RADICAL THEORY, PART 1 & 2
What is radical theory? What concepts and relations among concepts will facilitate understanding the modern world to change it? What does good theory tell us, broadly, about societies and history? What theories do we need to jettison or to transcend? Feminism, nationalism, marxism, anarchism, environmentalism.
WOMEN & REVOLUTION, PART 1 & 2
The corporate owned women’s magazines have declared the women's movement dead (or no longer necessary as the battle has been “won”), even as they promote products with “feminist” slogans and market products to “feminists.” Meanwhile, the right wing pushes its “traditional values” agenda by which they mean women returning to their “god-given roles as wives and mothers” under a male head of household. So what are the feminist contributions to liberating theories and the left? What is the state of the world for women today? Where are we along the trajectory toward feminist revo-lution? In Part 2, we'll look at the various visions and strategies for creating a participatory feminist society and perhaps develop a vision of our own.
Strategy and Vision
How activists in the north can relate to peoples movements in the south? What have been the pitfalls of past and recent solidarity activism? Lessons will be drawn from various experiences, of relating to the Zapatistas of Mexico, the Bolivarians of Venezuela, the Palestinians, Colombians, Haiti and Lavalas, and Cuba. Some general principles of solidarity will be discussed.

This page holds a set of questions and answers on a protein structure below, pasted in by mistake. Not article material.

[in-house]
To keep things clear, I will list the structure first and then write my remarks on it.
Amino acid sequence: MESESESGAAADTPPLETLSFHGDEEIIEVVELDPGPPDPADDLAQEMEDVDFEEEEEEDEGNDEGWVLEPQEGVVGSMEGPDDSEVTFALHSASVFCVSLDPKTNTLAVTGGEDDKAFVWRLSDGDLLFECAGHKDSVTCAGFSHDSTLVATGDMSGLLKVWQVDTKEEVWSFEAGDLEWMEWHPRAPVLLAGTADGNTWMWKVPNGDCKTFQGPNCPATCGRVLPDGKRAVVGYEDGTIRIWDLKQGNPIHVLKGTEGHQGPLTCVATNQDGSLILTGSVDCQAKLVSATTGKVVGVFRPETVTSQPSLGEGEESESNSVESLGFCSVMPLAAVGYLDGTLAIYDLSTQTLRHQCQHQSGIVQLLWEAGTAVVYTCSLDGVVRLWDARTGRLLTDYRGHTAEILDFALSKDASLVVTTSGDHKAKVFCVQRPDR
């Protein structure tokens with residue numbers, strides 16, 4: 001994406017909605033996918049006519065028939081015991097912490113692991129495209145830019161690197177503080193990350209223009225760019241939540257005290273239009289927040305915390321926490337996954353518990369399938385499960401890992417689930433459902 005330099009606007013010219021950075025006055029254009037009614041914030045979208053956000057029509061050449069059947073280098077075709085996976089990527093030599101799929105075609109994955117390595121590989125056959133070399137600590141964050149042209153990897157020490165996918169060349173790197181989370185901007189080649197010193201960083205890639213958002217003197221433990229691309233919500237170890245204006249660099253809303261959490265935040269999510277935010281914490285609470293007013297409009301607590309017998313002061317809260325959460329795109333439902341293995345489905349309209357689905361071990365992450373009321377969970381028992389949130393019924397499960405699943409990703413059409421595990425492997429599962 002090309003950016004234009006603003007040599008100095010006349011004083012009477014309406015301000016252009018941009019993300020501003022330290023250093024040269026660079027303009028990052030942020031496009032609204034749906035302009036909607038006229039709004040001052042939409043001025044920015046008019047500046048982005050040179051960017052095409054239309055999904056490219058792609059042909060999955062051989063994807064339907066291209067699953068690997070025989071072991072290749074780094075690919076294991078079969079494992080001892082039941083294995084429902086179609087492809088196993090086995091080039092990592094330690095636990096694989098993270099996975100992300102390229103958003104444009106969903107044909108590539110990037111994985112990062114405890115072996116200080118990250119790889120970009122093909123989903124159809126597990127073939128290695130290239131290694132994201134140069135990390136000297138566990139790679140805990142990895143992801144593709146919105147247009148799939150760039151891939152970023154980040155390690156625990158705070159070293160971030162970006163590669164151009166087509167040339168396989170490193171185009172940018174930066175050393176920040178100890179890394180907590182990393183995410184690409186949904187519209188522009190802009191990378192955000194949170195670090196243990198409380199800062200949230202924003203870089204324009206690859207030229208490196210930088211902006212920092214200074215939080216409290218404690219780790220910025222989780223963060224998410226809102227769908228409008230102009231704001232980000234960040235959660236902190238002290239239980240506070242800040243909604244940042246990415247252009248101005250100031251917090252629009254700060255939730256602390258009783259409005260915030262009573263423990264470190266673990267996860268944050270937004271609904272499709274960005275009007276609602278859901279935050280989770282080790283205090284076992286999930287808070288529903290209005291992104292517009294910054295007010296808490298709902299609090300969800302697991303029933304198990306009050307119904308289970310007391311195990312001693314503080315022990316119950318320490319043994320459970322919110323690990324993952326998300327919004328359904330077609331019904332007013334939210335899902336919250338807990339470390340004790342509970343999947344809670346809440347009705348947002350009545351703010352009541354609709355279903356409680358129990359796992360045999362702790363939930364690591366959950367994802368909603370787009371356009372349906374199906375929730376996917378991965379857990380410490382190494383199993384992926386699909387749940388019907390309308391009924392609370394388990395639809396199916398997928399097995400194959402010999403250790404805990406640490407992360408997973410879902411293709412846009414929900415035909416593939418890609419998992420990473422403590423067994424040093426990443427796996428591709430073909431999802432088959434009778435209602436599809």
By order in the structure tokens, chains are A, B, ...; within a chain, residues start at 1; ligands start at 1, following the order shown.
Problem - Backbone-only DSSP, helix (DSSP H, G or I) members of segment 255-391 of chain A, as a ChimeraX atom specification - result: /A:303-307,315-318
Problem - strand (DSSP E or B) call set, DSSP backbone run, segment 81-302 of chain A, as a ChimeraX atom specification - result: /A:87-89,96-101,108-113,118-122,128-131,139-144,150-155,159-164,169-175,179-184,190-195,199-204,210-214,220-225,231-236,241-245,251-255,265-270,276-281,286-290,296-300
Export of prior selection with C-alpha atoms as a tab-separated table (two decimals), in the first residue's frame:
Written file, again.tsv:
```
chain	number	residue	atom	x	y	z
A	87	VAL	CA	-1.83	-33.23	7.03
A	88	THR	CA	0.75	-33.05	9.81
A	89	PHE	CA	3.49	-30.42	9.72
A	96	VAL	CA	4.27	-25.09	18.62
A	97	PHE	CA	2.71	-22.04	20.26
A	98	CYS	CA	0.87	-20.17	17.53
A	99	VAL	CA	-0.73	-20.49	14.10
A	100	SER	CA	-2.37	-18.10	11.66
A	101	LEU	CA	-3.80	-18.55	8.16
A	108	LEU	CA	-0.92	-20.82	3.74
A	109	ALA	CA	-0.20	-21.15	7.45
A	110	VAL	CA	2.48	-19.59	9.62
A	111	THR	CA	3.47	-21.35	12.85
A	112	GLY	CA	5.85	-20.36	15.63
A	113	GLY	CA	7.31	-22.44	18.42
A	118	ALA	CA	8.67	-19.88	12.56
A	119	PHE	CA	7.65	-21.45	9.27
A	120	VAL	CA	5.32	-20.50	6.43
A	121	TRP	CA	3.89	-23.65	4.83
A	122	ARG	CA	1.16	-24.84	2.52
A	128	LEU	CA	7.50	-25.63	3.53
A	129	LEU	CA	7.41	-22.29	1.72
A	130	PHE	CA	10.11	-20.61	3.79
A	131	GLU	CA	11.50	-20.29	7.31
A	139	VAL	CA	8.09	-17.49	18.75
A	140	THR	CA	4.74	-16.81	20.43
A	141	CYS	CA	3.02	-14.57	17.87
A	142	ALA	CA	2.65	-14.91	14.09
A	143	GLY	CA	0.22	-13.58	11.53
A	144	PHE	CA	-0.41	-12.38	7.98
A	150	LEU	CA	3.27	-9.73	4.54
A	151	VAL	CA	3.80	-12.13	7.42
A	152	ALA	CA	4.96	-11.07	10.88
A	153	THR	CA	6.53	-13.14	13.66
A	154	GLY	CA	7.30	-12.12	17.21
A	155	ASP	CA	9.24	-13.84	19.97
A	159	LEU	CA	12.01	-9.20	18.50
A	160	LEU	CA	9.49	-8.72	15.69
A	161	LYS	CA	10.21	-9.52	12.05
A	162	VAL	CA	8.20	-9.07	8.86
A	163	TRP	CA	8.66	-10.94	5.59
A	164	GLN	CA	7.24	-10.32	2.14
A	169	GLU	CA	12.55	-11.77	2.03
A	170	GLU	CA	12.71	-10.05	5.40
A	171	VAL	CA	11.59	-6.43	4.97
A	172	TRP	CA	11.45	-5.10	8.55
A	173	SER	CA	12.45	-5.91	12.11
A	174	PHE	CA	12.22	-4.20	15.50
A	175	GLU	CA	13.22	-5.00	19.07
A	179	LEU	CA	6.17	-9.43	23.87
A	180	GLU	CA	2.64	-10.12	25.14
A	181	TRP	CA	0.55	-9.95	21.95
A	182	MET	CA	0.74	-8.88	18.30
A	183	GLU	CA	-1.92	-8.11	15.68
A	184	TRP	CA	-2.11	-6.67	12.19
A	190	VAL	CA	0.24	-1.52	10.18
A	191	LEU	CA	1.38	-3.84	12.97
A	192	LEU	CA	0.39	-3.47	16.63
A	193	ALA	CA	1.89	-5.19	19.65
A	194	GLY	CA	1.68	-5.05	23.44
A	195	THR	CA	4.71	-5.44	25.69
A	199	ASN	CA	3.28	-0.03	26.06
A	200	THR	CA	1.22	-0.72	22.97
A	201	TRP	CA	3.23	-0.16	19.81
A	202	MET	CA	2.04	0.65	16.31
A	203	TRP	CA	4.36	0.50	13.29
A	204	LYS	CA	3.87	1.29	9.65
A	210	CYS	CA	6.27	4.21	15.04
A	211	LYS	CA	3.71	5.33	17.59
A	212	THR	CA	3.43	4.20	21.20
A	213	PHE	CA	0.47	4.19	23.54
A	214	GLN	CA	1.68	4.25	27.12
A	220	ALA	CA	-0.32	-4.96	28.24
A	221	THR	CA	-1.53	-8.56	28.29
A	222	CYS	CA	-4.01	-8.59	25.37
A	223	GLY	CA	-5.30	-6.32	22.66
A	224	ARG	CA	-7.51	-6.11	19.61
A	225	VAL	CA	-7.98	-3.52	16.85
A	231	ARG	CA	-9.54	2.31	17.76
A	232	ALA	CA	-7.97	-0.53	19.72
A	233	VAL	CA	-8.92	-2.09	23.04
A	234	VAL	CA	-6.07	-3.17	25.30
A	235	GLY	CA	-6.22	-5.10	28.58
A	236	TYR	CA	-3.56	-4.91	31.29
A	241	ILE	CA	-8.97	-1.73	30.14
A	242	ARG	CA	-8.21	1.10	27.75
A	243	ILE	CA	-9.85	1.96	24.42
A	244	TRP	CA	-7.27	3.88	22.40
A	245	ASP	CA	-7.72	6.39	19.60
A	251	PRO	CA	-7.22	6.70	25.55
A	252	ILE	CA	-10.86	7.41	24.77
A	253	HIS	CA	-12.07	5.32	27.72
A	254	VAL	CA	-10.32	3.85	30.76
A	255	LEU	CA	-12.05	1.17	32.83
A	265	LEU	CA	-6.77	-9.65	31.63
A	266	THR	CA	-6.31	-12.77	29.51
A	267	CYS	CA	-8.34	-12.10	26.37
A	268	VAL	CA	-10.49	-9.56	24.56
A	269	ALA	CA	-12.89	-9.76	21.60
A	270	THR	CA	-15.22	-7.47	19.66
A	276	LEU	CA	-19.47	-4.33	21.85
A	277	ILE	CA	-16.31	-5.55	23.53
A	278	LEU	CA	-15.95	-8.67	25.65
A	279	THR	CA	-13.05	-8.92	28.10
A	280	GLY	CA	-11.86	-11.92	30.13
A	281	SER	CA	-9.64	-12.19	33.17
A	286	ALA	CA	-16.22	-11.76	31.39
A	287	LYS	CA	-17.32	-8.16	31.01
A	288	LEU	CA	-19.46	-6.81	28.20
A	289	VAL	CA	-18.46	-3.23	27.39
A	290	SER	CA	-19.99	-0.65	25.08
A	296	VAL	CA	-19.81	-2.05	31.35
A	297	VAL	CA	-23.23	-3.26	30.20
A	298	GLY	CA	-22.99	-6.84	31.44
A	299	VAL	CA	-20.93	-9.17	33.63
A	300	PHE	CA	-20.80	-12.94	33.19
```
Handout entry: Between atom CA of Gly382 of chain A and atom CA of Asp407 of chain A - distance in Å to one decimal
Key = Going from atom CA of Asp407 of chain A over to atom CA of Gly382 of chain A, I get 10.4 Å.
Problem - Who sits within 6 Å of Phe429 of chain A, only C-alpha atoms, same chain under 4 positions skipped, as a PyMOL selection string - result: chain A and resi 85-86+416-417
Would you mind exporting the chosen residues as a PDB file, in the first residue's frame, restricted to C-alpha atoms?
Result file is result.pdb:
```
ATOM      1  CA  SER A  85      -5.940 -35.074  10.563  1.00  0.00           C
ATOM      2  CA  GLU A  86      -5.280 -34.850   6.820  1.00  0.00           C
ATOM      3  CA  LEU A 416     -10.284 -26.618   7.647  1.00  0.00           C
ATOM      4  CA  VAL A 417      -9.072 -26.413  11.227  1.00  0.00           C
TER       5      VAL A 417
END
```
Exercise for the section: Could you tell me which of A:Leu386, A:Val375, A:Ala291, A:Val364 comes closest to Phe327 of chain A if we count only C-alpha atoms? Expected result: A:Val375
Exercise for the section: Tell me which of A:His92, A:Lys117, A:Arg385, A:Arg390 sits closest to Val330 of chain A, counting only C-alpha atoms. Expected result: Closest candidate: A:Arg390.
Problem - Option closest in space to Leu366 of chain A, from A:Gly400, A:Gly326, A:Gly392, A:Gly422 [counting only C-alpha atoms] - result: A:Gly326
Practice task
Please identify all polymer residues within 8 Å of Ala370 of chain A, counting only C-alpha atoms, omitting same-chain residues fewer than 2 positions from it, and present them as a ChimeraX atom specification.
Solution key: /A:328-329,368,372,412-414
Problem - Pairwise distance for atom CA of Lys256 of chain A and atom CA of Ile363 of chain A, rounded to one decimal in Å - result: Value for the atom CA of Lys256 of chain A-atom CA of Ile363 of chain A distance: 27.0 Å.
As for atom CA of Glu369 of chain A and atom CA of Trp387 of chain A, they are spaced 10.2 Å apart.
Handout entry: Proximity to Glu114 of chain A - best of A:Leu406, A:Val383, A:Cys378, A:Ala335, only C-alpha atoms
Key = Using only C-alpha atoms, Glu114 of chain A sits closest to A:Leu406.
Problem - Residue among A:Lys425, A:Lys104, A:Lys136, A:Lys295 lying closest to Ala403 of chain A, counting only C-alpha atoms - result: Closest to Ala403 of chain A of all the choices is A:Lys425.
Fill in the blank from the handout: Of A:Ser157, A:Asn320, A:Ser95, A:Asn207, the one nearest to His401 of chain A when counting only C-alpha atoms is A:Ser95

KINSHIP VISION, PART 1 & 2
We all agree that we want to put an end to sexist practices and patriarchal norms, but what would daily life look like if sexism weren’t helping to shape it? How would we arrange ourselves in families, raise our children, support positive sexual expression, and take care of each other? What sorts of families, social arrangements, and institutional practices would foster solidarity and equality across genders? Bring your imaginations and ideas to this talk/discussion on what kinship might look like in a better world.